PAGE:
Let God be God

For Blog LWA

I will be speaking at the God Focus Conference at Red Cliff Bible Camp, June 11-13. My two workshop topics are as follows: 1) Triune God Focus that Produces Humility and 2) Triune God Focus that Produces Holiness.

Here is an excerpt from a book that I have been reading . . .

Why is the revelation of God at Sinai so new that is smashes all categories and idols? What exactly is so brain hammering and conscience wracking? Is it the fire, the smoke, and the thunder? These are but pyrotechnics, the merest fringe sideshow, compared with the nuclear sunburst of the truth revealed—“I am who I am.”

We may tidily label God’s revelation to Moses “radical monotheism.” We may knowledgeably pronounce it “unique” in the history of world ideas. We may even repeat “I am who I am” as if it were the theological equivalent of a familiar television jingle. But if we do, we do so at our peril. For at the heart of Sinai is a heart-stopping mystery before which we should remove our shoes. As Moses reminded the people of Israel in Deuteronomy, “You came near and stood at the foot of the mountain while it blazed with fire to the very heavens, with black clouds and deep darkness. Then the Lord spoke to you out of the fire. You heard the sound of words but saw no form; there was only a voice [emphasis added].”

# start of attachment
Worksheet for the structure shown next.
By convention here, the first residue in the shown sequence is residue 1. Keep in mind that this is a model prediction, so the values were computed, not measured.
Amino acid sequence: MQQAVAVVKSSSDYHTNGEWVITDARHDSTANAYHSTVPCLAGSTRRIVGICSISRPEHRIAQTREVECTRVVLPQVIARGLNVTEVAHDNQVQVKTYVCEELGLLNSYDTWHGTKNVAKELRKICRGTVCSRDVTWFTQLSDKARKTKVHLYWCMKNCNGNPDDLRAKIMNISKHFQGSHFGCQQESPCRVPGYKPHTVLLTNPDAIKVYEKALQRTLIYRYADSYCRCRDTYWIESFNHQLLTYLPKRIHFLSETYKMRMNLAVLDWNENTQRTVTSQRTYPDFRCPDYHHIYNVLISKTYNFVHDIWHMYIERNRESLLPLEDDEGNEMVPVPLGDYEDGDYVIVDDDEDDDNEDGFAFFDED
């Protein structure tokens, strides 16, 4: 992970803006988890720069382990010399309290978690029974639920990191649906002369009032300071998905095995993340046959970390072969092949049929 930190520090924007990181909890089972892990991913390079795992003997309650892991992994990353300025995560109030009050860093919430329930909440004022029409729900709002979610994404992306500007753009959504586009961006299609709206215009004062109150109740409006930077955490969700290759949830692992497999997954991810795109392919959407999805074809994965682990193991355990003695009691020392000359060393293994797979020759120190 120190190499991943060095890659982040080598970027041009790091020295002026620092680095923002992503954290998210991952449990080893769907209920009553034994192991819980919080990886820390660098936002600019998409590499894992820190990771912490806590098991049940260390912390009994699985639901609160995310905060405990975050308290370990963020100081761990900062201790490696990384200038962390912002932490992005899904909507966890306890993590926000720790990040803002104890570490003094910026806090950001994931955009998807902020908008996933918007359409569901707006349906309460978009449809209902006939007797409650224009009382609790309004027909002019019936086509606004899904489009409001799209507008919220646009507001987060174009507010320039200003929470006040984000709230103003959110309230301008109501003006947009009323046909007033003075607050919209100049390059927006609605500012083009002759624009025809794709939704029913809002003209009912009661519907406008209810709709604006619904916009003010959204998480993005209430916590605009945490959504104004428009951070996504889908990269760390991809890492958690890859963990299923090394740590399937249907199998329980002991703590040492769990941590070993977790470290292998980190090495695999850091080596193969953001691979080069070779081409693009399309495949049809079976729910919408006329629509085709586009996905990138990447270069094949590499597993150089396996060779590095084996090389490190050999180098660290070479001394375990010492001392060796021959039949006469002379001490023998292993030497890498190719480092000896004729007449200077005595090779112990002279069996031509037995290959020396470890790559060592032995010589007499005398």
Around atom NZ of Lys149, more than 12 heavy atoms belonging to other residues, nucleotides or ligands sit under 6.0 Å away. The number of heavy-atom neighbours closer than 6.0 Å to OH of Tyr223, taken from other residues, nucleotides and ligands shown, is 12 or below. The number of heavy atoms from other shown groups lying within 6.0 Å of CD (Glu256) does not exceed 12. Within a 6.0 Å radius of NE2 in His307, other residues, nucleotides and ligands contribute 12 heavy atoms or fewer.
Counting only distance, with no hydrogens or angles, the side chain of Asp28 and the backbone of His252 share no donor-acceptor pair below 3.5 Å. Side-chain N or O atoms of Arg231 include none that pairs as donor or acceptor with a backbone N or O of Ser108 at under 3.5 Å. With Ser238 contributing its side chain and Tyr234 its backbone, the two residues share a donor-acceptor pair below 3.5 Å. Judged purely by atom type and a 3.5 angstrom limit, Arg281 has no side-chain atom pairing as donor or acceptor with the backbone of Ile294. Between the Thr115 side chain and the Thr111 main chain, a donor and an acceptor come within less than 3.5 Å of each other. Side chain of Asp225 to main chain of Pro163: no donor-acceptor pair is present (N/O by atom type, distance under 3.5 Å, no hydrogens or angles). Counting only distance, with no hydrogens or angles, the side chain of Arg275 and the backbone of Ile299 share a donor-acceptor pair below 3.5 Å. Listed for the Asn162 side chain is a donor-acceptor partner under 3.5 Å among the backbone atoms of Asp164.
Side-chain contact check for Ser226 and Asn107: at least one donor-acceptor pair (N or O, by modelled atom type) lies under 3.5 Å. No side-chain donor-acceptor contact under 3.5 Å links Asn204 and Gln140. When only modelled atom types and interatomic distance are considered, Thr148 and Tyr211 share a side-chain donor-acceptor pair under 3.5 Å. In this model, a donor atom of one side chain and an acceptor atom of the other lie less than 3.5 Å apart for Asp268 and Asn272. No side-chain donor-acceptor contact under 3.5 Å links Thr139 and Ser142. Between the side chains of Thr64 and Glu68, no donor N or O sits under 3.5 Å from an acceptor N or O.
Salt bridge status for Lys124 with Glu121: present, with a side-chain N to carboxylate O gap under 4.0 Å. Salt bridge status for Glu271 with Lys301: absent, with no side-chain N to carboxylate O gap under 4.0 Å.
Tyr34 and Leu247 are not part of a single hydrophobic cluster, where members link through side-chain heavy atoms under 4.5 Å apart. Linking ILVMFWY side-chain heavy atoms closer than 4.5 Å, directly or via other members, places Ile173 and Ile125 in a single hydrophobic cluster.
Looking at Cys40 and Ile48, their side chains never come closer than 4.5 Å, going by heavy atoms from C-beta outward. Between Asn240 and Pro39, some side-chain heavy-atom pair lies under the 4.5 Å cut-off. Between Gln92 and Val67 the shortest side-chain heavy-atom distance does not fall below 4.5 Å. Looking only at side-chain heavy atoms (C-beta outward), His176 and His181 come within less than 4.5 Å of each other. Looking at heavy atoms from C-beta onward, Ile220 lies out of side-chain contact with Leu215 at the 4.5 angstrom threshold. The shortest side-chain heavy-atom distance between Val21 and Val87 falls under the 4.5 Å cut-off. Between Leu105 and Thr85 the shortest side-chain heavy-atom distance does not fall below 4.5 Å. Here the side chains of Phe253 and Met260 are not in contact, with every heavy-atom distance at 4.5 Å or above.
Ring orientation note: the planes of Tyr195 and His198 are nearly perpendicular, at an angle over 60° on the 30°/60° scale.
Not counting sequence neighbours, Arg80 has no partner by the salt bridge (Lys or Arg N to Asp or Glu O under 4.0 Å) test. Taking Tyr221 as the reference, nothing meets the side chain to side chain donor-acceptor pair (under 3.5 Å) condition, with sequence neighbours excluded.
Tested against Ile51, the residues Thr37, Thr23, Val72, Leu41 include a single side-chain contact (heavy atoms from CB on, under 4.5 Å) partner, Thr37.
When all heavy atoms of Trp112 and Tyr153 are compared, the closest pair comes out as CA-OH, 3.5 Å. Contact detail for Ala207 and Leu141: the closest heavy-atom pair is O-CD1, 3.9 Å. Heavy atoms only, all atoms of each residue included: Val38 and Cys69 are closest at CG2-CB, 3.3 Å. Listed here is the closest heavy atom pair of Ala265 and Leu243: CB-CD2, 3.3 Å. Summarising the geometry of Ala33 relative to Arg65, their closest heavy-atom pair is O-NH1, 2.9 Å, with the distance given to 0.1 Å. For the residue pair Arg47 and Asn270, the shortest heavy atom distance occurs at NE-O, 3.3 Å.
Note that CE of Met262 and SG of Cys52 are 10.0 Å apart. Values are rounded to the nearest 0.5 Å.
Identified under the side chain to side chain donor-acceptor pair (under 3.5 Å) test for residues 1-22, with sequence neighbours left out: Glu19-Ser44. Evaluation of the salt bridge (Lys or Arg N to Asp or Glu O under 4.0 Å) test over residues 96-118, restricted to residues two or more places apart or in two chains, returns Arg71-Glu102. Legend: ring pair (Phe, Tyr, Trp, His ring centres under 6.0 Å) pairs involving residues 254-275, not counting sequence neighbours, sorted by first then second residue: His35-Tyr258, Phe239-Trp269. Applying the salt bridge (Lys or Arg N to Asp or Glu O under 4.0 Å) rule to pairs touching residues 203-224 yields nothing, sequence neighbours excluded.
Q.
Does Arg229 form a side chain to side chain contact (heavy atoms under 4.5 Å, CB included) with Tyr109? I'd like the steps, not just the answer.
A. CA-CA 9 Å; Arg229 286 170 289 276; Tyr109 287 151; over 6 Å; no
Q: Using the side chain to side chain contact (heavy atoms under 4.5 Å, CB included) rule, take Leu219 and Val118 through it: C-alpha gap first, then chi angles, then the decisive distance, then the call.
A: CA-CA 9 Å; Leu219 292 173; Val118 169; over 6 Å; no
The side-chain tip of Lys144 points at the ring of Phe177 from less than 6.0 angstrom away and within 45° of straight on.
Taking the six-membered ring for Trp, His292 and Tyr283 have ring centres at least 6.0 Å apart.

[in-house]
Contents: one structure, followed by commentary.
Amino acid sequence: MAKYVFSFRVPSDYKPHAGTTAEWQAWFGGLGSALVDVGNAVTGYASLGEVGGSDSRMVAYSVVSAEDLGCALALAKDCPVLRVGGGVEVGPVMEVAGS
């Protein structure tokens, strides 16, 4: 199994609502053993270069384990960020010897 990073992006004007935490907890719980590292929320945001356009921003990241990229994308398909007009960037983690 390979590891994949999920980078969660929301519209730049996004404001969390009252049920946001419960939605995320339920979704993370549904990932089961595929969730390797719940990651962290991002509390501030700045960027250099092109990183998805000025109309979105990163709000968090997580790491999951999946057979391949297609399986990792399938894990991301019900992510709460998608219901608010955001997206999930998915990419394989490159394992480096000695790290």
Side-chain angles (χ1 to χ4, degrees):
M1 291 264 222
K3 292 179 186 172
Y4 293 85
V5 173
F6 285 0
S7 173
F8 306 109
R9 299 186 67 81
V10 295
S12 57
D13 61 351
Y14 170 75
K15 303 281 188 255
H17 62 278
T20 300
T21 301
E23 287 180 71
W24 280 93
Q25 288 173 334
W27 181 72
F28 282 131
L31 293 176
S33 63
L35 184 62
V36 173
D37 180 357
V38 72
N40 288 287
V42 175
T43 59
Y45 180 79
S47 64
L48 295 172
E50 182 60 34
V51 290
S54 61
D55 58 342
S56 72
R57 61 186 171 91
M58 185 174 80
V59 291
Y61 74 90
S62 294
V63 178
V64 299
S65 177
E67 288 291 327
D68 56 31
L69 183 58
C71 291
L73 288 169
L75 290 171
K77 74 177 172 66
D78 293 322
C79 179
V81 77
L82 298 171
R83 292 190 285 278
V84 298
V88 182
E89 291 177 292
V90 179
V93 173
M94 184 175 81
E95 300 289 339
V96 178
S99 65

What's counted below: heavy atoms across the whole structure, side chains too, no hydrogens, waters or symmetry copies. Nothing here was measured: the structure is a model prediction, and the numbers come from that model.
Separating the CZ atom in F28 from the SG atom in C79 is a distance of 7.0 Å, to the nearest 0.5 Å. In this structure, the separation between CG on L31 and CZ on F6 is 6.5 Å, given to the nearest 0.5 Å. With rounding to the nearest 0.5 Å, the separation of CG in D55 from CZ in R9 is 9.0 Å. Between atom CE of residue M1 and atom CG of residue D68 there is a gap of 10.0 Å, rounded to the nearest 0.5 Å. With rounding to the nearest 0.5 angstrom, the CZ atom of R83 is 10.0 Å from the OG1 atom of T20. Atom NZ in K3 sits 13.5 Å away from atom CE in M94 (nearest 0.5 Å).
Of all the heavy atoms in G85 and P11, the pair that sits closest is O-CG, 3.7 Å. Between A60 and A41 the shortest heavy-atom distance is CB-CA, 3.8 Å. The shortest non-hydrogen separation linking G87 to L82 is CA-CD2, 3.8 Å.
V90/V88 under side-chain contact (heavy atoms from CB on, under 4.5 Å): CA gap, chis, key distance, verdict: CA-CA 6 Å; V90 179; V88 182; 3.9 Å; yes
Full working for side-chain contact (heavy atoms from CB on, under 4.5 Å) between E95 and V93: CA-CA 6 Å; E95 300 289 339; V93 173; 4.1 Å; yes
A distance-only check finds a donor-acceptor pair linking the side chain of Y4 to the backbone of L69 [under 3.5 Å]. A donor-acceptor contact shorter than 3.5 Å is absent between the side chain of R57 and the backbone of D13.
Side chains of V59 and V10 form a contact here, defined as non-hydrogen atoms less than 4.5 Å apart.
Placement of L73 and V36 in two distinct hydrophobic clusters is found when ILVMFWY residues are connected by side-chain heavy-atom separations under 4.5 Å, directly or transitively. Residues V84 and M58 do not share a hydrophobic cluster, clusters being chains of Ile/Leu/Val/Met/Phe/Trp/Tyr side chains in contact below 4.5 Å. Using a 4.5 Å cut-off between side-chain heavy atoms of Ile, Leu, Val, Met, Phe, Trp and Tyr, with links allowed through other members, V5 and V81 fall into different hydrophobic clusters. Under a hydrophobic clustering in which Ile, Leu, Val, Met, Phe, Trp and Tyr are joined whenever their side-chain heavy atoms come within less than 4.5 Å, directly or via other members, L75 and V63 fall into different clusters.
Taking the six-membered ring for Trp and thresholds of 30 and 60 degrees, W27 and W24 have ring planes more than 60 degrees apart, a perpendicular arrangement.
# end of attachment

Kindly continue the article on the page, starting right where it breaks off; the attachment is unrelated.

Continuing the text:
No form, only a voice. . . . Why does God call? Why does he not show himself and defer to the eye, which Leonardo da Vinci called “the prince of the senses” and the “window of the soul”? Why does he not give us a picture that would be worth a thousand words? Why does he use words that are so fragile and disputable, words that so notoriously evaporate with our breath? Apparently the God of Sinai prohibits not only idols to rival him but also images to represent him. He does not allow imagining. God’s attributes, as Arnold Schoenberg groped to express them in his opera Moses and Aaron, are

Inconceivable because invisible; because immeasurable; because everlasting; because eternal; because omnipresent; because omnipotent.

With the brief, merciful, and marvelous exception of his Word in human form, God speaks to us in words, and our responsibility as his creatures is to listen, to trust, and to obey those words. But the reverse side of this truth leads us to a fundamental aspect of calling: Words are the deepest, fullest expression in which God now discloses himself to us, beginning with his calling. So it is in listening to him, trusting him, and obeying him when he calls that we “let God be God” in all of his awe and majesty (pp. 63-64).